Over the years I have become accustomed to the hyperbole of television news reporting.  I find it mildly amusing at times.  It was with great hope that I explored the print media’s handling of the results of the IMPROVE-IT study.  My hopes however were dashed as once again with the general reporting of this latest chapter of the eztimibe story.

Zetia(ezetimibe) has been around for over a decade.  It was approved by the Food and Drug Administration to reduce total cholesterol, LDL cholesterol, apoliprotein B and non-HDL cholesterol in patients with elevated levels.  Notice that the approval says nothing about lowering cardiovascular risk.

The drug works by reducing absorption of cholesterol from the diet.  Statins on the other hand work to reduce formation of cholesterol in the liver by blocking a key enzyme. The two modes of action have long been thought to provide an advantage to people whose “numbers’ aren’t optimal on a statin alone or who cannot take high enough doses of a statin.

Zetia is approved alone, with diet and exercise and in combination with a statin.  While the drug alone and in combination does lower cholesterol levels, evidence of  lowering of cardiovascular risk has been a bit elusive.  An earlier trial in patients with a genetic form of elevated cholesterol comparing eztimibe alone or in combination with simvastatin(brand name Vytorin)  failed to demonstrate a difference in surrogate markers of cardiovascular disease.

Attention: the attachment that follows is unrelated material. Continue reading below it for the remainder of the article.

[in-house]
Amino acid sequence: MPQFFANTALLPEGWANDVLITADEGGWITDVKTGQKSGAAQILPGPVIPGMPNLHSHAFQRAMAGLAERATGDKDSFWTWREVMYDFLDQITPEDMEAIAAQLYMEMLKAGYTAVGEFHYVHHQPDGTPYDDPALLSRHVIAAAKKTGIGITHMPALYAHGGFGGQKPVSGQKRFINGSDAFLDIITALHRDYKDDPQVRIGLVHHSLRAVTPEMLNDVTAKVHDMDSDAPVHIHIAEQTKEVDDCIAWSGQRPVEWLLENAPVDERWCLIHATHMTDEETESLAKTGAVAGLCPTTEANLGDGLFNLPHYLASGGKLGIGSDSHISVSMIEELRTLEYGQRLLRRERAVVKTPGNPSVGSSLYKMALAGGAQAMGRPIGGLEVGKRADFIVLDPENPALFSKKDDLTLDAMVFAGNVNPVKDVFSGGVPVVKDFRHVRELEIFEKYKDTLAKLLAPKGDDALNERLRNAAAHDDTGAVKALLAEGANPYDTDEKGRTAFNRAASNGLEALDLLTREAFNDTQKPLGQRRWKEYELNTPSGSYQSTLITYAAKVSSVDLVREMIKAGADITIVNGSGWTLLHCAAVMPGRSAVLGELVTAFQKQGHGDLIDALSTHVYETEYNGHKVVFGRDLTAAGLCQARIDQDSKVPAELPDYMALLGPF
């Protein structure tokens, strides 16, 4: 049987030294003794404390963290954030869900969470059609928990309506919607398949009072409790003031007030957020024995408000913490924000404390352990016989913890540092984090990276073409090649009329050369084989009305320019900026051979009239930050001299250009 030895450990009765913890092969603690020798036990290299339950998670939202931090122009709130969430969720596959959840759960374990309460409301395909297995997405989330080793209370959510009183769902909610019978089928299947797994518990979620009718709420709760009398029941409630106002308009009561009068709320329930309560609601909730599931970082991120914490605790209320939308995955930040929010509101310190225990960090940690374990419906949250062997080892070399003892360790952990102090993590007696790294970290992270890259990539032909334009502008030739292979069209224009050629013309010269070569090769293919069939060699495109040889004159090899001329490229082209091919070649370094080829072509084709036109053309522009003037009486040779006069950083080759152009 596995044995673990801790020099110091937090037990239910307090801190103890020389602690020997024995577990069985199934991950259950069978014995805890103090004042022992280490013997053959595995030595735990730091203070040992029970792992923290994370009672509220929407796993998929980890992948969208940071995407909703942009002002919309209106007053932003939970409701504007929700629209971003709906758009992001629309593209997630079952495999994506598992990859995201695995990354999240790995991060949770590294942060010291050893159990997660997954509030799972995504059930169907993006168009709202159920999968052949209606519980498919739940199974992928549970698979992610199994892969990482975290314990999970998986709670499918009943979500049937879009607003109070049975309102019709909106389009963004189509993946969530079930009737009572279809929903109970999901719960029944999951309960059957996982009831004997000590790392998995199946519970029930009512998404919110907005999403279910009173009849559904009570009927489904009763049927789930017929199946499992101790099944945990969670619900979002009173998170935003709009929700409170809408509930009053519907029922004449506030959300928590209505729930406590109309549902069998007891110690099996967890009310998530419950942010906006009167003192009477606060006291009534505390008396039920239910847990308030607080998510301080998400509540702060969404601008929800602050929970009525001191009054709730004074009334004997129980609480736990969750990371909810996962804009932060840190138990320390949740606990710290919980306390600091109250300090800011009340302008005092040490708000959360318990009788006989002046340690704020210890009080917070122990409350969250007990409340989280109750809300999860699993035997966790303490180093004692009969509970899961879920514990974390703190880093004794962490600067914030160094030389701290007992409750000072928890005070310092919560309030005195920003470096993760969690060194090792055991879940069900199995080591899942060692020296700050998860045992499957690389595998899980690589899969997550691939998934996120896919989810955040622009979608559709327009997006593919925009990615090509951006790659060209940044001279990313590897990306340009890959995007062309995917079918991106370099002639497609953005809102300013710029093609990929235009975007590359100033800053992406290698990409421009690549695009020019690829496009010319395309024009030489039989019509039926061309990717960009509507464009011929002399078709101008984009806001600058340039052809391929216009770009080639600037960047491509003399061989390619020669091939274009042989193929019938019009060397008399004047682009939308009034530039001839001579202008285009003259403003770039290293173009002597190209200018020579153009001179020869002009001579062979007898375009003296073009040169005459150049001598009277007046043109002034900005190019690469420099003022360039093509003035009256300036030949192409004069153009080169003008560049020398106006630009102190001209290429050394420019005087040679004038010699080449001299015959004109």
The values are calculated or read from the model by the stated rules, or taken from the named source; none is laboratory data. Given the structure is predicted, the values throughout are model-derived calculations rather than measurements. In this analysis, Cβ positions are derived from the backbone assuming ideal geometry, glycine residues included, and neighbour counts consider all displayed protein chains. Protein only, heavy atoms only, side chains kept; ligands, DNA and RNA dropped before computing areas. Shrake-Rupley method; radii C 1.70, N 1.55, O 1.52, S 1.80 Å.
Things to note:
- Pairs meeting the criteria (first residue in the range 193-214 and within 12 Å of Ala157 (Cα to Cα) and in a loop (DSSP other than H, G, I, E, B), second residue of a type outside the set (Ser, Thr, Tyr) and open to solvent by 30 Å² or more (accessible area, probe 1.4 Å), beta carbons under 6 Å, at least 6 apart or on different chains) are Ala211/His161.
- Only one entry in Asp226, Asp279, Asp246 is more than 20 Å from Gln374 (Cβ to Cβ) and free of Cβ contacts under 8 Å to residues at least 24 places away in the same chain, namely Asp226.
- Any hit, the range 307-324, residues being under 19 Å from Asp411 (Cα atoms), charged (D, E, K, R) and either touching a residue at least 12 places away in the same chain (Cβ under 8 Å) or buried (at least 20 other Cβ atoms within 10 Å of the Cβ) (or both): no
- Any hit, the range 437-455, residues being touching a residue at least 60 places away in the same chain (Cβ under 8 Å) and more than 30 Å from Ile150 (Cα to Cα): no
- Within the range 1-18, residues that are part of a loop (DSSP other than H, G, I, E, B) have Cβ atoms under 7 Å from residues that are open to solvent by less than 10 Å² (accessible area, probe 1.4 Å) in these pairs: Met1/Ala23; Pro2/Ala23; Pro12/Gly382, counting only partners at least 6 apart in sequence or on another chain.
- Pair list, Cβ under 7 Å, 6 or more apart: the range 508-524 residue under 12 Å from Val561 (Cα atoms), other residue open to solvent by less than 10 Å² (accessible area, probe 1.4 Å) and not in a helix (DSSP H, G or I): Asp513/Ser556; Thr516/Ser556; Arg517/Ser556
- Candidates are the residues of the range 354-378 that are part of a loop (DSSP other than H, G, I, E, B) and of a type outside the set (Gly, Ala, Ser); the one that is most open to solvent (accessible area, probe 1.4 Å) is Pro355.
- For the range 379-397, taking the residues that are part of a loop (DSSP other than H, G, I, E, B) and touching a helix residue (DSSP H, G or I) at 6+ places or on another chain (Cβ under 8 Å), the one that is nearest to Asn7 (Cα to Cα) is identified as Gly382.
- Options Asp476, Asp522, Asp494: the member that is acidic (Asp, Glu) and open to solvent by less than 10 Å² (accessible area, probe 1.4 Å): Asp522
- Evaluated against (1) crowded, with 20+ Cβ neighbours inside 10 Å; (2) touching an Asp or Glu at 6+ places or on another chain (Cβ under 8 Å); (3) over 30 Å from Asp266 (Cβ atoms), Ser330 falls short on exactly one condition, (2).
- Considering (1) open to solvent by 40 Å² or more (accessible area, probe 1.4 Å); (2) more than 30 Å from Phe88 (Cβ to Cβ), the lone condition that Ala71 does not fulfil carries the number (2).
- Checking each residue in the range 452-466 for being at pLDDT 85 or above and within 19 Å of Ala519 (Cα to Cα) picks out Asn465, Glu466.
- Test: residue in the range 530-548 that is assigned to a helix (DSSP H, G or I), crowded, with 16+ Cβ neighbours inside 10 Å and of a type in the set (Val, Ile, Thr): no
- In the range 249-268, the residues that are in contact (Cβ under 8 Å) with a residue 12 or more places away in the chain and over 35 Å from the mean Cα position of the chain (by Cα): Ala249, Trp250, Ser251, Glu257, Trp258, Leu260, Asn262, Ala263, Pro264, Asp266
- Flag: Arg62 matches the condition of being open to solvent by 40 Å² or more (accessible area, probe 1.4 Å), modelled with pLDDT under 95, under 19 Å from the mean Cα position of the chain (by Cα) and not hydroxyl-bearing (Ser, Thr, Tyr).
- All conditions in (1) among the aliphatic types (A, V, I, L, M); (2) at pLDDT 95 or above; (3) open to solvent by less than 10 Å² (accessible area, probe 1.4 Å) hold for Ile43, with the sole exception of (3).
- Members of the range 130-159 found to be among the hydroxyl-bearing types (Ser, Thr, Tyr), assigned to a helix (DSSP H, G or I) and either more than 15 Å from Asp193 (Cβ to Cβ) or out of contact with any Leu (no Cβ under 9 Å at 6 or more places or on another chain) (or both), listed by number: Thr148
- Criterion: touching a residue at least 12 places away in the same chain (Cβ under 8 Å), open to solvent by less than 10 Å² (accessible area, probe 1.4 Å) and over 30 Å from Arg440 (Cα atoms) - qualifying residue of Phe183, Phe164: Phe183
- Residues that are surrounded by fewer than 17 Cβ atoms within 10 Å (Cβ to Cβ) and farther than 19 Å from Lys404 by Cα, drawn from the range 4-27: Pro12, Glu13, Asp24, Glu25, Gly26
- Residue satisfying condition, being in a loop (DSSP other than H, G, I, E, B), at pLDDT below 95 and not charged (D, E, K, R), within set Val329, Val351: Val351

The hype today is due to a presentation at the American Heart Association Annual meeting in Chicago.  Researchers provided results of the IMPROVE-IT trial.  The study enrolled 18,000 subjects who had suffered heart attacks or chest pain and randomized them to either Vytorin or the statin, called simvastatin, alone. Over the six year duration of the study, 34.7% of the subjects who were being treated with simvastatin alone had a heart attack, stroke, acute hospitalization or revascularization procedure.  This compares to 32.7% of those treated with the combination of simvastatin and ezetimibe (aka Vytorin)  Yes, indeed, that is a 2% absolute difference.  At first glance, not very impressive although it was a statistically significant difference and the greatest impact was in heart attack and stroke.  But it is still only a 2% difference.  LDL-cholesterol levels were lower in the people treated with the combination as compared to those who only received the statin (54mg/dl vs. 69mg/dl).  Many would argue that the study confirmed that lowering of LDL-cholesterol is important.  And, the lower the better.